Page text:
There are a few things he knows.

He knows he is in a city called Cardiff. He knows he mustn't take off the ring he wears, even though the jewel is cracked and he has the vague sensation that something didn't happen the way it was supposed to, and that it was connected to the ring. He knows that if he looks someone in the eye just the right way and tells them to give him their spare change, they will do it and look very nervous as they scuttle away.

There are many things he suspects. At some point, he believes he was very important. At some point, he held the fates of every being on this planet in the palm of his hand. But no one seems to be aware of that.

I used to rule the world

Seas would rise when I gave the word

Now in the morning I sleep alone

Sweep the streets I used to own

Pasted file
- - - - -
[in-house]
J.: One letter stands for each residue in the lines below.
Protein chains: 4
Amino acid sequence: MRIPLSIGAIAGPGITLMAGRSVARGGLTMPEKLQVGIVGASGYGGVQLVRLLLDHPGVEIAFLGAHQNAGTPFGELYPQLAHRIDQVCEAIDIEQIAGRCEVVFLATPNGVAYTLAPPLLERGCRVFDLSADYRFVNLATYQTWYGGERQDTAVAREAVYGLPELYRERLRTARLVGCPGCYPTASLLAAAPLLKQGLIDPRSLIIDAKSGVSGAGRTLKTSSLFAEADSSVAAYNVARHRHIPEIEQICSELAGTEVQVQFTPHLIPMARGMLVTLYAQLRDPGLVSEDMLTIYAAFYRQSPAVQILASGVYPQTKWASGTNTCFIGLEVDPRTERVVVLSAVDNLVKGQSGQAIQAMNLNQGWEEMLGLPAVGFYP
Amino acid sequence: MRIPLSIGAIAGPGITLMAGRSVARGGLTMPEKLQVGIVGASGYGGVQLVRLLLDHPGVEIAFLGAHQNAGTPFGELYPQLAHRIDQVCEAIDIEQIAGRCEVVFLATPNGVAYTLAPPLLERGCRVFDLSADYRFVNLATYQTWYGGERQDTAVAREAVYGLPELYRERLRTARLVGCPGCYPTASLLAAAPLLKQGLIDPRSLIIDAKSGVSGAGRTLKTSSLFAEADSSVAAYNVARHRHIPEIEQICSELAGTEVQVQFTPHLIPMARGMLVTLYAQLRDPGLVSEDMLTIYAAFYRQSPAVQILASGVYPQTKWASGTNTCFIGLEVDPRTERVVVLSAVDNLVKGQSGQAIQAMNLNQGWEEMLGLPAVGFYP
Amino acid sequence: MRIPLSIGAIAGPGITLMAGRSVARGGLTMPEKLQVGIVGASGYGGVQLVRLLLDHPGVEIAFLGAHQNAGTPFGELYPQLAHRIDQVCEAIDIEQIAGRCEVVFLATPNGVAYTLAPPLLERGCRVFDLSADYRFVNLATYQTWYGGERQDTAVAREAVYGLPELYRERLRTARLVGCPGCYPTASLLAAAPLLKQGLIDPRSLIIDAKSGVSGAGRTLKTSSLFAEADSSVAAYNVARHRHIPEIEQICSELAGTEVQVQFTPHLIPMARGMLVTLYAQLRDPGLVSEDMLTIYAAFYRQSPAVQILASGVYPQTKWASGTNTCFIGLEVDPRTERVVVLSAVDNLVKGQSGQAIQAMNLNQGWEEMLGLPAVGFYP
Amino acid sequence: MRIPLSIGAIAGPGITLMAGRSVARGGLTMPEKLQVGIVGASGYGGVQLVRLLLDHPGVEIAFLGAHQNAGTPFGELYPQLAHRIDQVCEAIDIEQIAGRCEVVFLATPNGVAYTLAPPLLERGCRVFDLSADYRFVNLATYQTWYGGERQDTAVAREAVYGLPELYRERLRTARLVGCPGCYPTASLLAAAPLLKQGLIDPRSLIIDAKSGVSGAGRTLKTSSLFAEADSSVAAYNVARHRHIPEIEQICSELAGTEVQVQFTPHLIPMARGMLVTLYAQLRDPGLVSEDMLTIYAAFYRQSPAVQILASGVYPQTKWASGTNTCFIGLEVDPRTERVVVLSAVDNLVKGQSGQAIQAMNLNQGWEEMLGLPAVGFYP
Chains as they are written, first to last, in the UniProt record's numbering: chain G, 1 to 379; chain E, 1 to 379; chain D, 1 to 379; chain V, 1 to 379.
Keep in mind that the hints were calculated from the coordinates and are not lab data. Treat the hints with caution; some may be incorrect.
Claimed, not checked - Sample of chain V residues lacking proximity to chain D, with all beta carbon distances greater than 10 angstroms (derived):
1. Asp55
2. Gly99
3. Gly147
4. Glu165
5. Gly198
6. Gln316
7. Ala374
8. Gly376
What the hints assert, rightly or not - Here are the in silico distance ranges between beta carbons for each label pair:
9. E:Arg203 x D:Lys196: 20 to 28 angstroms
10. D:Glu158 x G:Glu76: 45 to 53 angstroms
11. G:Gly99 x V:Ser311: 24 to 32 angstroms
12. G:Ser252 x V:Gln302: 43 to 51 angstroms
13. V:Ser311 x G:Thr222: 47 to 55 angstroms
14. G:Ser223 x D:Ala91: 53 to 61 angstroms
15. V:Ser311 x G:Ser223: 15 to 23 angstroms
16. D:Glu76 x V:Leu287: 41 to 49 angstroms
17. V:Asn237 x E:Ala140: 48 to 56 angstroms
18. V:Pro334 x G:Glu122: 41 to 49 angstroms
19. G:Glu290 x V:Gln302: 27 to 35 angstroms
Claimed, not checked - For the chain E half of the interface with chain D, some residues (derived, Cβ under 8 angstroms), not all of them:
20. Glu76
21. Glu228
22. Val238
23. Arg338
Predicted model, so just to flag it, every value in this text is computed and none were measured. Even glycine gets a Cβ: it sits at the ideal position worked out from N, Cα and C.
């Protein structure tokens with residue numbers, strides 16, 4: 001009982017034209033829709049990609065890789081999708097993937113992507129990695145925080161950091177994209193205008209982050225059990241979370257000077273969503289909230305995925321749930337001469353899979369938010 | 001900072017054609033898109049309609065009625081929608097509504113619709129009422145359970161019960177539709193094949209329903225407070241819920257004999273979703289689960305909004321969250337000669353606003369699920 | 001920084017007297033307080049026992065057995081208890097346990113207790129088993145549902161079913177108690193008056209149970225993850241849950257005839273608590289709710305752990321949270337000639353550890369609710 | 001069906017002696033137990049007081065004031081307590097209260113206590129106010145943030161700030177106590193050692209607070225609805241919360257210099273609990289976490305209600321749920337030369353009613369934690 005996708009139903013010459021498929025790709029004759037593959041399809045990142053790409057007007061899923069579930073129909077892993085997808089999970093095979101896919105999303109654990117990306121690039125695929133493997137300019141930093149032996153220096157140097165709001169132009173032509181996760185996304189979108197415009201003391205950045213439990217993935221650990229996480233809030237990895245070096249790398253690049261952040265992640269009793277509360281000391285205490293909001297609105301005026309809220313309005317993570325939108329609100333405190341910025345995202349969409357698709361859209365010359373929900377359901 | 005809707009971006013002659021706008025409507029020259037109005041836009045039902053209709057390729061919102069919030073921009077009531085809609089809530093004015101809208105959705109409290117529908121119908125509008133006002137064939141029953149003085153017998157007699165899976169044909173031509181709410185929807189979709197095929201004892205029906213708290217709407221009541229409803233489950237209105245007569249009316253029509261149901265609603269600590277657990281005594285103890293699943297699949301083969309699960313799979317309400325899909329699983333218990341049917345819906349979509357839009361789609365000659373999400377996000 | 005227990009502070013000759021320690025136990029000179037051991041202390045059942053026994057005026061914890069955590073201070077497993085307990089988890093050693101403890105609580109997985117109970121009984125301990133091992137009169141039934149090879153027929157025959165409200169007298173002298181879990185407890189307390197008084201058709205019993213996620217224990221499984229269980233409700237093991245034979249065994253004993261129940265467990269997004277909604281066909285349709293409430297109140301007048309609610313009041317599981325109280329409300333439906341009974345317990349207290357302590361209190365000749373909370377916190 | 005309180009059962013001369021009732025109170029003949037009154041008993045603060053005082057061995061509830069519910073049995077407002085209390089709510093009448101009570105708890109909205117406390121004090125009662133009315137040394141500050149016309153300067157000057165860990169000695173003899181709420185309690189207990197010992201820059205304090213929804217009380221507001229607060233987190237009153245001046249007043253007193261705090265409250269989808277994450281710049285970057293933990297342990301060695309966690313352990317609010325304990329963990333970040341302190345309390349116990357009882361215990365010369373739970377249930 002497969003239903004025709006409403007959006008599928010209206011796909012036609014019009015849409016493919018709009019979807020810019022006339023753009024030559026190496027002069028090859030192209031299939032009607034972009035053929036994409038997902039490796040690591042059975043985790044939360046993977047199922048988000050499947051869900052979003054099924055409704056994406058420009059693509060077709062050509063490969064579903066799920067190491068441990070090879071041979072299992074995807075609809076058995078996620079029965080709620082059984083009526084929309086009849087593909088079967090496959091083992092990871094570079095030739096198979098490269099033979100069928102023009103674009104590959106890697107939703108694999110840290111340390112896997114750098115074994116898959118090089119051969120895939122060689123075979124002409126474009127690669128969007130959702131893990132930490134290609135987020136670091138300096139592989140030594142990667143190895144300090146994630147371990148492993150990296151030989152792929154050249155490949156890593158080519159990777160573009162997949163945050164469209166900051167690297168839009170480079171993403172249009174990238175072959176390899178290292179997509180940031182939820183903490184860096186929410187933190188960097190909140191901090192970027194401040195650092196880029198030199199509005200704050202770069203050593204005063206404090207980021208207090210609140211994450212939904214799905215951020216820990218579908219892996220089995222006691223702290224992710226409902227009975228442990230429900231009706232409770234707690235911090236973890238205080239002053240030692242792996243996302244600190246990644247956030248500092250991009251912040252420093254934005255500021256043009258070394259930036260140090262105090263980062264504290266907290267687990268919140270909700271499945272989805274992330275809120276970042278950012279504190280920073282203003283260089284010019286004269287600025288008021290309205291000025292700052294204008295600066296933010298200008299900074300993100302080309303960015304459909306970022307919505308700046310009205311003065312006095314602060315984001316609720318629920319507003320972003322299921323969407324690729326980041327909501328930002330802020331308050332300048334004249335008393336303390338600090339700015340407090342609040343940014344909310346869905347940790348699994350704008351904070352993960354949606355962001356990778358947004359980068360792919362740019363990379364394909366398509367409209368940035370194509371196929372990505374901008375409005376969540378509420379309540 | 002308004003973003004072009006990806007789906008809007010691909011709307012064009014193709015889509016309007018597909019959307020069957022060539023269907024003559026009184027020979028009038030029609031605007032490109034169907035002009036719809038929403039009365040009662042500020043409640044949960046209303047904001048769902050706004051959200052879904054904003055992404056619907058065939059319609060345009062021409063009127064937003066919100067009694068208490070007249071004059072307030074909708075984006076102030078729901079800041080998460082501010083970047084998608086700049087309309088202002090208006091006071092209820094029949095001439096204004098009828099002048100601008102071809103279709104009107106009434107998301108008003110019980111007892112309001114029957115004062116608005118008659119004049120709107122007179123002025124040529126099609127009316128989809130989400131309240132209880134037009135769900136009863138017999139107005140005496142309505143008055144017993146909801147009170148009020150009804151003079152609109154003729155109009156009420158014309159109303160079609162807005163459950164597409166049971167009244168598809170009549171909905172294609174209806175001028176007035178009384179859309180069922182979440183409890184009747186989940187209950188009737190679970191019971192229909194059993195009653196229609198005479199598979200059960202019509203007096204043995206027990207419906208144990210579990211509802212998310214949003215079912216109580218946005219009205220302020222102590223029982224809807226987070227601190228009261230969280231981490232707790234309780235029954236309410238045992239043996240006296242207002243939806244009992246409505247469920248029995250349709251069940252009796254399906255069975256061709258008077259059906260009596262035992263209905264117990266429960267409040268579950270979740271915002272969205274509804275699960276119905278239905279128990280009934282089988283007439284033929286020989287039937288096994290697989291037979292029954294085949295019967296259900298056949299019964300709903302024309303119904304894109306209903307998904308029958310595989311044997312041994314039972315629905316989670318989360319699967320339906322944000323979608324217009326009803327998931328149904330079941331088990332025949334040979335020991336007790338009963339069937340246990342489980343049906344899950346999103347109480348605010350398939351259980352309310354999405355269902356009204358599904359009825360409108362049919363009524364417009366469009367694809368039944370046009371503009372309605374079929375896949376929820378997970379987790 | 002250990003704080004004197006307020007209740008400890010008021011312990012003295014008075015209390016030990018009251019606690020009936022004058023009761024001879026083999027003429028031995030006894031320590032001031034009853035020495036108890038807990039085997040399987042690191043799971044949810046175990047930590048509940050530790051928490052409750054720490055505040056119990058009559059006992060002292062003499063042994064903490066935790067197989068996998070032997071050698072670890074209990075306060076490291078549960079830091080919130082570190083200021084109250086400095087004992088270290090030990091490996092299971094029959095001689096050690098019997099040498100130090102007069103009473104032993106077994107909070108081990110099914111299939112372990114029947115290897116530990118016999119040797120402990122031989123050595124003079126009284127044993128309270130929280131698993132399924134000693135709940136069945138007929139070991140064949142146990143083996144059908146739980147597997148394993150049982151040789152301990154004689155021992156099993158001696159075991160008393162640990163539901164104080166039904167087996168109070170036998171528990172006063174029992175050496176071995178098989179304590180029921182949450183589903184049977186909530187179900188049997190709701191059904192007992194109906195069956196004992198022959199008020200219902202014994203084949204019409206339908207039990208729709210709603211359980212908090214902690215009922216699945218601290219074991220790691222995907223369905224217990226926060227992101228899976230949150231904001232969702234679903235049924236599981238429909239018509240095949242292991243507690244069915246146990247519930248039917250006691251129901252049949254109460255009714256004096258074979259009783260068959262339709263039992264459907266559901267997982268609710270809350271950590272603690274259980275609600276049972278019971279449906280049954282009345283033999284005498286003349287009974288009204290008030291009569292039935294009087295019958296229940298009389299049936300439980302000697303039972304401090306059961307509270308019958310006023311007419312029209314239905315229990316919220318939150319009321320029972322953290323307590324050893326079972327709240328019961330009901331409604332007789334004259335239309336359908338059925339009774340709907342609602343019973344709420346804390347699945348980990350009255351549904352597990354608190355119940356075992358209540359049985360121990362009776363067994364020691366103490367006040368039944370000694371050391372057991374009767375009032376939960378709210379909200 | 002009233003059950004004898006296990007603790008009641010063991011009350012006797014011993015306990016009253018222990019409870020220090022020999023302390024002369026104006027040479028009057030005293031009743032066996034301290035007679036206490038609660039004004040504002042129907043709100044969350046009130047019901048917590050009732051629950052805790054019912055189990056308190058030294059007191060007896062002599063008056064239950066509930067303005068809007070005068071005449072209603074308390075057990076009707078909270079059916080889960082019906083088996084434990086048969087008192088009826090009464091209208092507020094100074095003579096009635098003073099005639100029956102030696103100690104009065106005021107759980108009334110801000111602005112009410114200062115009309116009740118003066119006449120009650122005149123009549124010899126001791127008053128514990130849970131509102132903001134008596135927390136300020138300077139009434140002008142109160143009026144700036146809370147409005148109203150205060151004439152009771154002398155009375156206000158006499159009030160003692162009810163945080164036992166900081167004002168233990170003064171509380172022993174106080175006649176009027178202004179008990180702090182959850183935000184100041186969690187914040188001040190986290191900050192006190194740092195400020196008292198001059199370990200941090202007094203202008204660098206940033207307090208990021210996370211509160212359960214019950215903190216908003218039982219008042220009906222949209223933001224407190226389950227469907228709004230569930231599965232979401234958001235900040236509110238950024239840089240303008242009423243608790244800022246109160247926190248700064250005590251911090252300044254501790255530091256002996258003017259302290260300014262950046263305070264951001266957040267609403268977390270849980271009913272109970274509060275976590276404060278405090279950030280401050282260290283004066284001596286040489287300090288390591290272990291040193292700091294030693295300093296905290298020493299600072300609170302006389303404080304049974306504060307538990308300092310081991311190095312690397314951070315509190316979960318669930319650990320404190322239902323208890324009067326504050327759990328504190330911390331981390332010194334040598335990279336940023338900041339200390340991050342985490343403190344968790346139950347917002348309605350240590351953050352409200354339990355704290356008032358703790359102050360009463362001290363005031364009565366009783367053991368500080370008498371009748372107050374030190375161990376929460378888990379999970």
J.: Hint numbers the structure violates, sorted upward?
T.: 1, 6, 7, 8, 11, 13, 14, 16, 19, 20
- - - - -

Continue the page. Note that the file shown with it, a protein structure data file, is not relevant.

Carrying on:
He shouts at people as they walk by the bridge he sleeps under. The crowds make him angry. They don't pay attention, even when he screams that their world is puny and worthy of being crushed. They don't even look at him when he starts crying and talking in a language that makes perfect sense to him but no one else comprehends, to fill up an aching loneliness somewhere in his temples.

When someone laughs at him, he reaches into a ragged pocket of his stolen duffel coat as if to grab a weapon. There isn't a weapon. He can't remember where the reflex comes from. Even he is surprised at how eager he occasionally is to kill random strangers.

I used to roll the dice

Feel the fear in my enemy's eyes

Listen as the crowd would sing,

"Now the old king is dead!

Long live the king!"